Supply and demand
While the Great Recession played a large part in the current situation—housing development nationally slowed if not completely stopped for five to seven years—there are several other challenges constantly at work.
That is especially the case in California, and SLO County, said Gary Grossman, president of Coastal Community Builders.
“If we were in a different type of state or country we would say, ‘Hey we need more housing here, let’s do it.’ But here we have a lot of processes in between,” Grossman said.
The existing demand is easy to see whenever new housing goes on the market.
Charlie Richardson, senior partner and founding member of Richardson Properties, is a broker for several new developments in the area, including Serra Meadows in San Luis Obispo’s Margarita area. The area is among the top sites where the city is planning for significant growth to occur. Richardson said the houses are being bought as quickly as they’re being built. For tract developments like Serra Meadows, he said, it’s a good sign to see four or five homes sell a month.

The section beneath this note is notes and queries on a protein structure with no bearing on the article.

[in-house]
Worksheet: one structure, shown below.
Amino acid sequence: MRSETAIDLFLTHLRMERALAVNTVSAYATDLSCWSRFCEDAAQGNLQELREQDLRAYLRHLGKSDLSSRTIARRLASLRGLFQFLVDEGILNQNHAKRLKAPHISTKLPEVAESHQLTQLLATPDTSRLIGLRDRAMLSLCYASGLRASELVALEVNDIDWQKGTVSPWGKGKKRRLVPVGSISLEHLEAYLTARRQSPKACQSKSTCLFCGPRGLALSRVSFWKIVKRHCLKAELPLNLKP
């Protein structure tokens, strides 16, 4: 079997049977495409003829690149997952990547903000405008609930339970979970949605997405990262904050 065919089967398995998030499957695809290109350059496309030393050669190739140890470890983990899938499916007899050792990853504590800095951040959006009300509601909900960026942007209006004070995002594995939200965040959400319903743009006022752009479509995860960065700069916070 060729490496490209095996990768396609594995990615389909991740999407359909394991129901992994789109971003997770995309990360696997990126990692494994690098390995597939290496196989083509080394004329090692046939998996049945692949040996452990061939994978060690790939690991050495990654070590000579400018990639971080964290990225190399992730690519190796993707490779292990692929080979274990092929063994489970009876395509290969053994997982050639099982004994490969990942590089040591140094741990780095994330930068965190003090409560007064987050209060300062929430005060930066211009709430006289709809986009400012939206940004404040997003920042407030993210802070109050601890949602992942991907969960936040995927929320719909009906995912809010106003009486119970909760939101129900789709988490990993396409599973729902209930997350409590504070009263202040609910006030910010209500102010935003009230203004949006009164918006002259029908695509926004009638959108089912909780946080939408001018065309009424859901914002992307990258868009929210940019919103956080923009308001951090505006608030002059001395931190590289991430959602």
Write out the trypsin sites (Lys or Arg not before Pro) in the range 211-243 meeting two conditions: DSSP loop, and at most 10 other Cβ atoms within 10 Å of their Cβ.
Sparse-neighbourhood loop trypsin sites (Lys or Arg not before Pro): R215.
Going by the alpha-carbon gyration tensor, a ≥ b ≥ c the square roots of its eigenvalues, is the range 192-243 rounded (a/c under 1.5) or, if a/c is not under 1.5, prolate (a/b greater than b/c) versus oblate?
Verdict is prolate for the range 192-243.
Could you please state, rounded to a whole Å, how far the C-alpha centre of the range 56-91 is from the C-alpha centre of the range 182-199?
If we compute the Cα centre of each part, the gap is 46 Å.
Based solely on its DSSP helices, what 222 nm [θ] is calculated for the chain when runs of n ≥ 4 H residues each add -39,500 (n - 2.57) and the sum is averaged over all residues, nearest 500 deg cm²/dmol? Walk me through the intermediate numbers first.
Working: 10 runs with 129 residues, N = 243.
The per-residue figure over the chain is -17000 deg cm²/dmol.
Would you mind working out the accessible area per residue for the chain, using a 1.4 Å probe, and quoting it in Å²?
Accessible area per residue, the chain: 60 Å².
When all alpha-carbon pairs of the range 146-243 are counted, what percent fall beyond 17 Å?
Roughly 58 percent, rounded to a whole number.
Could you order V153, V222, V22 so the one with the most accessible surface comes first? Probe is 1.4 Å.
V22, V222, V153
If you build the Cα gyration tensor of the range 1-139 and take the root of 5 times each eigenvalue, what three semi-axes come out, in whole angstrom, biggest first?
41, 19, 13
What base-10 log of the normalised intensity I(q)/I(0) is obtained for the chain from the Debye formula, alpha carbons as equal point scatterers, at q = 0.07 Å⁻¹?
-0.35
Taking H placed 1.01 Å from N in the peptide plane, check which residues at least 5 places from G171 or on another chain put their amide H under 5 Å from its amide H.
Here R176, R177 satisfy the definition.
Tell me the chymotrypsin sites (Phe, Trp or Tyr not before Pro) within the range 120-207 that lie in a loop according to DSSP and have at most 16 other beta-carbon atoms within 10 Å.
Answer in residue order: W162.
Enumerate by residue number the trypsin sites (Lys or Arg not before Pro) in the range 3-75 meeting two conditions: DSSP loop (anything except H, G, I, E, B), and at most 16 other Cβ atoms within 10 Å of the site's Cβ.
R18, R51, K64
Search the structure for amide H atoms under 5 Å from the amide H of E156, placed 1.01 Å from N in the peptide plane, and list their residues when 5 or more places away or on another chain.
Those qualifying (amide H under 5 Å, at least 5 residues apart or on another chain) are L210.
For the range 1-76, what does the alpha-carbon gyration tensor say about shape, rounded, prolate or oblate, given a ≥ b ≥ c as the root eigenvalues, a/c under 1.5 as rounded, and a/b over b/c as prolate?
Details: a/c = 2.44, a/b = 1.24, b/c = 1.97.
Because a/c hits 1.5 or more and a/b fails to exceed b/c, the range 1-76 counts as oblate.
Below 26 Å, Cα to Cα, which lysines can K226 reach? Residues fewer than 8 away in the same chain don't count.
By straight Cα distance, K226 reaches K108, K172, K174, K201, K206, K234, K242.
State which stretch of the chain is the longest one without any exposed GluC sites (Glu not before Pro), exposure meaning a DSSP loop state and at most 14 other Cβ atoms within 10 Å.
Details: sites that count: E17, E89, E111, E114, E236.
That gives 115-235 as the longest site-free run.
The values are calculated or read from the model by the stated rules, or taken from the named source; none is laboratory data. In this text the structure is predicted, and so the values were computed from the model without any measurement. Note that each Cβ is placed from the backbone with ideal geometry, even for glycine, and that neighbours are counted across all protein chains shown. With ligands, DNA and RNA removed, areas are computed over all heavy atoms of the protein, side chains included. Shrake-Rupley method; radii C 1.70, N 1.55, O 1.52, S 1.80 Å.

“We’re selling eight a month,” he said. “We’d probably be selling more if we can build them faster.”
Those homes, Richardson said, aren’t exactly cheap, selling between $500,000 to $850,000. But, nevertheless, they’re getting snatched up, which Richardson said is a testament to the demand.
While builders are happy that homes of all sizes and prices are selling, the process to build those homes can be lengthy, expensive, and a bit tedious. In addition to the commonly seen struggle over a project’s environmental and community impacts, many developers say that the nitty gritty of the planning process and the “fair share” costs—projects must contribute to infrastructure improvements—can be burdensome.
“The net result often equates to a longer period to be able to get supply here,” Grossman said. He has several projects working at any given time throughout SLO County. Many of those are tidy infill projects, with housing for a variety of income levels. Some are larger.